Toyota GT86 review 2013
There’s no overstatement in suggesting that we’ve been waiting years for this car. By that we don’t just mean enduring the interminable period of delays and introductions as journalists before finally getting our hands on a UK-spec Toyota GT86 (although we have had to do just that). We mean ‘we’ in a broader sense, as in the wait that every car enthusiast with modest resources has had to tolerate before a manufacturer summoned up the necessary gumption to build an authentic, low-weight, low-cost, compact sports car.
Despite boasting a heritage that contains the Celica, the Supra and the MR2, Toyota has passed through a period of recent history that has been so mundane that the GT86’s potential place close to our hearts seems almost to be a novelty.
However, the manufacturer’s three stated criteria for the GT86 (which has been developed in conjunction with the Subaru BRZ) read like a purist’s manifesto: rear-wheel drive, no turbocharging, ordinary tyres. The objective, it gloriously affirms, was driver-focused fun. No further introduction is necessary.
The Toyota GT 86 has been charged with injecting a little excitement into the Japanese brand's dull and dependable image. Developed in partnership with Subaru, the rear-wheel drive coupe promises to mix driving fun with great value for money. The GT 86 is priced at around £25,000, and is aimed squarely at entry-level versions of the evergreen Audi TT. While the Toyota isn’t as attractive as the sleek Audi or muscular Nissan 370Z, it still has the ability to turn heads. And what the interior lacks in quality and cutting edge design, it more than makes up for with generous standard kit. But the GT 86 is car that demands to be driven rather than looked at. Sharp and engaging handling, a characterful 2.0-litre four-cylinder petrol engine and strong brakes help make the Toyota a number one choice for back road blasts - and the easy winner of our 2013 CarBuyer Best Coupe Award.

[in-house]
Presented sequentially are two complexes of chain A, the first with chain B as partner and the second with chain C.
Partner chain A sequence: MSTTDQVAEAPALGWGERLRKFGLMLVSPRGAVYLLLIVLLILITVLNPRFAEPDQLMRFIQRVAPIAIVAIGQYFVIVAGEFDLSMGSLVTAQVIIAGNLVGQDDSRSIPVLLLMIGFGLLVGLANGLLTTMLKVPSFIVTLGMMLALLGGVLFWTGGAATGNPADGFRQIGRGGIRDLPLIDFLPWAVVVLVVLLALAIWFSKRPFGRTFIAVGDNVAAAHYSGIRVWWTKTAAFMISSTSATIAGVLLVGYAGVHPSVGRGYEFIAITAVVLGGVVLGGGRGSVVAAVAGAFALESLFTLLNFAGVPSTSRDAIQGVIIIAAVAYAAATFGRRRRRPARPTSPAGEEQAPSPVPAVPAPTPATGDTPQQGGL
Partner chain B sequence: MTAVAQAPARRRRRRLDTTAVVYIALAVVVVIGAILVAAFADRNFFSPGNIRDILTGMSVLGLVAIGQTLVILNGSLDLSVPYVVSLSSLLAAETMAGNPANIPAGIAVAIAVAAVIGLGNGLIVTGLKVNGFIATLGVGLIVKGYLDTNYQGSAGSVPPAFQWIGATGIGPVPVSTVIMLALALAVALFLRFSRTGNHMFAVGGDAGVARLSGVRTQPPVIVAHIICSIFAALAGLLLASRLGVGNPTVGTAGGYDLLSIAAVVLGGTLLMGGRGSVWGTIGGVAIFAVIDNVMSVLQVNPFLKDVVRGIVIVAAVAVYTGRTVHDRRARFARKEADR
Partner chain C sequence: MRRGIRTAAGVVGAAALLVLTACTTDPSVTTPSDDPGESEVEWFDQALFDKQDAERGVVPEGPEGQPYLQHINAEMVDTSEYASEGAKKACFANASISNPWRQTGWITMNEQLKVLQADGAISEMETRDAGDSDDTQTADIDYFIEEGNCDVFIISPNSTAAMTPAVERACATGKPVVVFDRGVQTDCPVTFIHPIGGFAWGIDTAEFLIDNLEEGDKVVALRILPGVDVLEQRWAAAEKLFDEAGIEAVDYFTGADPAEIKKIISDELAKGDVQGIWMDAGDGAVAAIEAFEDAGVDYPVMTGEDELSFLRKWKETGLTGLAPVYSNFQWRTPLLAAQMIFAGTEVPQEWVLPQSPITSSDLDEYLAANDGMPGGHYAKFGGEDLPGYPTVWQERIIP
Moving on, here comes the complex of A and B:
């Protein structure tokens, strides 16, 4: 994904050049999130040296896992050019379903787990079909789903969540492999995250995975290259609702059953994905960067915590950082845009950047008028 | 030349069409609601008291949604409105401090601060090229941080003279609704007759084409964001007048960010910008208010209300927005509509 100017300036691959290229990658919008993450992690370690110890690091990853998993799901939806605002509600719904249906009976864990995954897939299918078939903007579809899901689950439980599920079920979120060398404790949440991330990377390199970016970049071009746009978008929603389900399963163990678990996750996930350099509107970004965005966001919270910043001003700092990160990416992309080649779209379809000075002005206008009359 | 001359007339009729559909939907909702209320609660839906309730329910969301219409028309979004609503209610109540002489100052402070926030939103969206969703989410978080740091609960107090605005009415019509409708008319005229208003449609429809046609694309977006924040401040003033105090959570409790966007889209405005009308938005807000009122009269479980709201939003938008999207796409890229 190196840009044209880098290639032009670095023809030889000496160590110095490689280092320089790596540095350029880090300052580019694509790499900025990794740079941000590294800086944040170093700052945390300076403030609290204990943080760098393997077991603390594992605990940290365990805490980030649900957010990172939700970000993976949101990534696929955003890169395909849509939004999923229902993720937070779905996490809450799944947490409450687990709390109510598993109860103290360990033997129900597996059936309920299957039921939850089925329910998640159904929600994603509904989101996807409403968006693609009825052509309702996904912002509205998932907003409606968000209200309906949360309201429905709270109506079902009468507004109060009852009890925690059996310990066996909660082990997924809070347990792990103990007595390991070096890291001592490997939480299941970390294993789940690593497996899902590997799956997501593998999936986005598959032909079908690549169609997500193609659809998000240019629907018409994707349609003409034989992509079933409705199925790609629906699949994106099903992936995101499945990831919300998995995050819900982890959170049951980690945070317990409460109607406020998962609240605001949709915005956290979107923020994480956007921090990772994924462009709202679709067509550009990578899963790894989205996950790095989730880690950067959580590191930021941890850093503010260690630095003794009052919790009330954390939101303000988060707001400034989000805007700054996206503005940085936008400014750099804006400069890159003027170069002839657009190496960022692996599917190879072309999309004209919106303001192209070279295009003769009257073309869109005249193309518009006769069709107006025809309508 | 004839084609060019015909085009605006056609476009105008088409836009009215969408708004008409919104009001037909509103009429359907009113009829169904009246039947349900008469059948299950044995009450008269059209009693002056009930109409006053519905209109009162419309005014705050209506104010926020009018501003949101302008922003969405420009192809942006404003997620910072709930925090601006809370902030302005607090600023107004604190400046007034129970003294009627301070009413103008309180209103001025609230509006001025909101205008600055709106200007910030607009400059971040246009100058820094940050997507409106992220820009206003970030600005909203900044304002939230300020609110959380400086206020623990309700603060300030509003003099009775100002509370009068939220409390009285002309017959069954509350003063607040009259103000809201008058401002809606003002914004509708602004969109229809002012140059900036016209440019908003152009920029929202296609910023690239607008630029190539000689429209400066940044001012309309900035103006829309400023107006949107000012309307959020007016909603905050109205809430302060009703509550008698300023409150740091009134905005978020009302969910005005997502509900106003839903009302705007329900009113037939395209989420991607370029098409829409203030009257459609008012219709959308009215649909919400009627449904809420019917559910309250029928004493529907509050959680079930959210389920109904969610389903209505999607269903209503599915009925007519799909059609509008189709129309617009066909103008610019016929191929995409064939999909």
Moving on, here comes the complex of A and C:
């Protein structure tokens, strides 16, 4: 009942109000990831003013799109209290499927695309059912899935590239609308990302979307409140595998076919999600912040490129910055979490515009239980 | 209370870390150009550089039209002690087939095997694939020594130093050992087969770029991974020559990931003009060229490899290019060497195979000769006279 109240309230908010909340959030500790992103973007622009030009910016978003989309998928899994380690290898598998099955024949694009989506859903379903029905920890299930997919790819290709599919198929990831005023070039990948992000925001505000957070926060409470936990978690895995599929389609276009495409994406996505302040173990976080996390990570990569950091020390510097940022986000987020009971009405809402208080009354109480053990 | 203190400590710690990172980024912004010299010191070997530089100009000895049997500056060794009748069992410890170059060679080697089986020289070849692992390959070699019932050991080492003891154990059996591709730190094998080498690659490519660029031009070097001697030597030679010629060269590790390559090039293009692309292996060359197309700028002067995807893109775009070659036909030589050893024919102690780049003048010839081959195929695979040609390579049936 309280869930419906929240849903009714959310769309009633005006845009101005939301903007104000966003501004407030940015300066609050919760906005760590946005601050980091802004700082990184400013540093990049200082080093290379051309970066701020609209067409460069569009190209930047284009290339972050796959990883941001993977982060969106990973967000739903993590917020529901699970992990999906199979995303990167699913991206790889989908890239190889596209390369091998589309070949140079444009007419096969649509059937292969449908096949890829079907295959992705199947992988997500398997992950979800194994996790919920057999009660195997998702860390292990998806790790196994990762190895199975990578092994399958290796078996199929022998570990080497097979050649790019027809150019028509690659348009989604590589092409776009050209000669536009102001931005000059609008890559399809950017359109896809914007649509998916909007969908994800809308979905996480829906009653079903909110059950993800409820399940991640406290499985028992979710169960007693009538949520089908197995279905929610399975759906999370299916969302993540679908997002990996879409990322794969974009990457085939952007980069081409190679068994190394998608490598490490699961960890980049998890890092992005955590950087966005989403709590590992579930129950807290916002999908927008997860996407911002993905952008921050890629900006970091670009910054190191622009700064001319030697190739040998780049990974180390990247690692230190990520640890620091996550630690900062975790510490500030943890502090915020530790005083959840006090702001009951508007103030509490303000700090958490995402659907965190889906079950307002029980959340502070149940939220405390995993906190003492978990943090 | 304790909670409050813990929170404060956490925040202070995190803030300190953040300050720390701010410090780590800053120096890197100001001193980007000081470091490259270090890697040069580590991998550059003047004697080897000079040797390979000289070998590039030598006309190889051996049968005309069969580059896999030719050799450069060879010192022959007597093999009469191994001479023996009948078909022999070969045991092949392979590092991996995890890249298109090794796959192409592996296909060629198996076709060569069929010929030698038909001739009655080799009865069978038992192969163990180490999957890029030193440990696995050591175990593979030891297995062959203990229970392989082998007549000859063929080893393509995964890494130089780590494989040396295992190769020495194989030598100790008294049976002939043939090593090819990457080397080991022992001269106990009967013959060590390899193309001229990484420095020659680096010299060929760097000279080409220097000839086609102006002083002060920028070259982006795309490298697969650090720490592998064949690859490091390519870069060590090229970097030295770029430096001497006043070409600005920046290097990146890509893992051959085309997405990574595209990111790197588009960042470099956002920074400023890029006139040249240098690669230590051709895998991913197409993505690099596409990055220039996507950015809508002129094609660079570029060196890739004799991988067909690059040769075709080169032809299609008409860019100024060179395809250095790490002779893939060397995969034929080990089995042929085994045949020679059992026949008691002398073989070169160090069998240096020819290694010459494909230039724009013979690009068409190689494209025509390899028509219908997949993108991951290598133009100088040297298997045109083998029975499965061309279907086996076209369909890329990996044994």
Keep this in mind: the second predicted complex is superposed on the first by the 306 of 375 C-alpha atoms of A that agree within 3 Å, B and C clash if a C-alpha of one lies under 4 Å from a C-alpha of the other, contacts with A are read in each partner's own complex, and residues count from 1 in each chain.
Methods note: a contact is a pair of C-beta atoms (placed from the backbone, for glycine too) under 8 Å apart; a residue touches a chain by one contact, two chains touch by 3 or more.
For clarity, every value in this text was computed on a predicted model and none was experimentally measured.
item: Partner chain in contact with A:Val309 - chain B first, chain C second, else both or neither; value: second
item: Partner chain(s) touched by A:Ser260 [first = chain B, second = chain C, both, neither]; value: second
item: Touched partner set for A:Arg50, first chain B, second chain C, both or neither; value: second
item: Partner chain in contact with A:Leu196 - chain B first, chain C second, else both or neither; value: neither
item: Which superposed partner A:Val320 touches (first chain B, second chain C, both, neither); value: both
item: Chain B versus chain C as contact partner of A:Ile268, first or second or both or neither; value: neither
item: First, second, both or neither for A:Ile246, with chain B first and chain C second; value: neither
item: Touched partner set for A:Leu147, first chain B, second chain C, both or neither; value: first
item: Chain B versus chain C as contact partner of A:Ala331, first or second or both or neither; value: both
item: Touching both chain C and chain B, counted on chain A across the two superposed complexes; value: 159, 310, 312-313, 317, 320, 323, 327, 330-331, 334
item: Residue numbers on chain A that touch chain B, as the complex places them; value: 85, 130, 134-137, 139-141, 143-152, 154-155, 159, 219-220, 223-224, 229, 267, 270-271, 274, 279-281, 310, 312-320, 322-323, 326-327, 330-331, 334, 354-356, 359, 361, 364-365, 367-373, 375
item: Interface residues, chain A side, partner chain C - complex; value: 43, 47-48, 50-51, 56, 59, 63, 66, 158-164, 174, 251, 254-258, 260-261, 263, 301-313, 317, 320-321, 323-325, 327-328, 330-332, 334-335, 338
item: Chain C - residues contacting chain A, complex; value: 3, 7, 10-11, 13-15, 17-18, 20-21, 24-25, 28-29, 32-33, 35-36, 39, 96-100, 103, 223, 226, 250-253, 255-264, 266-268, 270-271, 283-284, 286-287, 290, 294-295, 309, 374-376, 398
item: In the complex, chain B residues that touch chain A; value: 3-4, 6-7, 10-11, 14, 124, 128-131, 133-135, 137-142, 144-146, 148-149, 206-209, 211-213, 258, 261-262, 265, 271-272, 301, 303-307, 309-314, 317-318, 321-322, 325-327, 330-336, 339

The Toyota GT86 falls into the same bracket as we grouped the Mercedes-Benz SLK 200 into last year. Both cars, though not fast, feel like they have a pleasing level of performance. They are slow enough to be able to enjoy on the road for more than just a second or two’s burst of throttle, but quick enough for necessary overtaking.
Therefore, don’t be put off by the fact that, on paper, it looks decidedly under-nourished compared with its price rivals and dispatches the 0-60mph sprint in ‘just’ 7.4sec.
At about £25,000, a hot hatch like a Vauxhall Astra VXR or Renault Mégane RS will not only give you at least 60 extra bhp, but they also come to you more easily than in the Toyota, whose engine asks you to work it to 7000rpm for its peak 197bhp, and even to 6400rpm for its 151lb ft peak of torque. Truth be told, a £17,135 Renault Clio RS is a closer performance rival.
But to dismiss the Toyota on that basis would be a mistake. Its performance isn’t about numbers; in the same way that a Renault Clio RS is more fun than an Astra VXR, or in the same fashion that the Morgan 3 Wheeler we tested just a few weeks ago wormed its way into our hearts despite its modest poke, it’s about feel, communication and enjoyment.
Make no mistake: the GT86’s performance is worth working for. And you do have to work it. Throttle response is crisp, the gearshift is positive and precise (if not entirely notch free) and the flat four makes a solid rasp once you wind it up, as you have to, to make swift progress. All sports cars were thus once. We didn’t mind then, and we don’t mind now.
Thanks to its 1235kg tested weight, the GT86 stops pretty well, too, and it resisted fade comfortably during heavy runs on track in warm weather.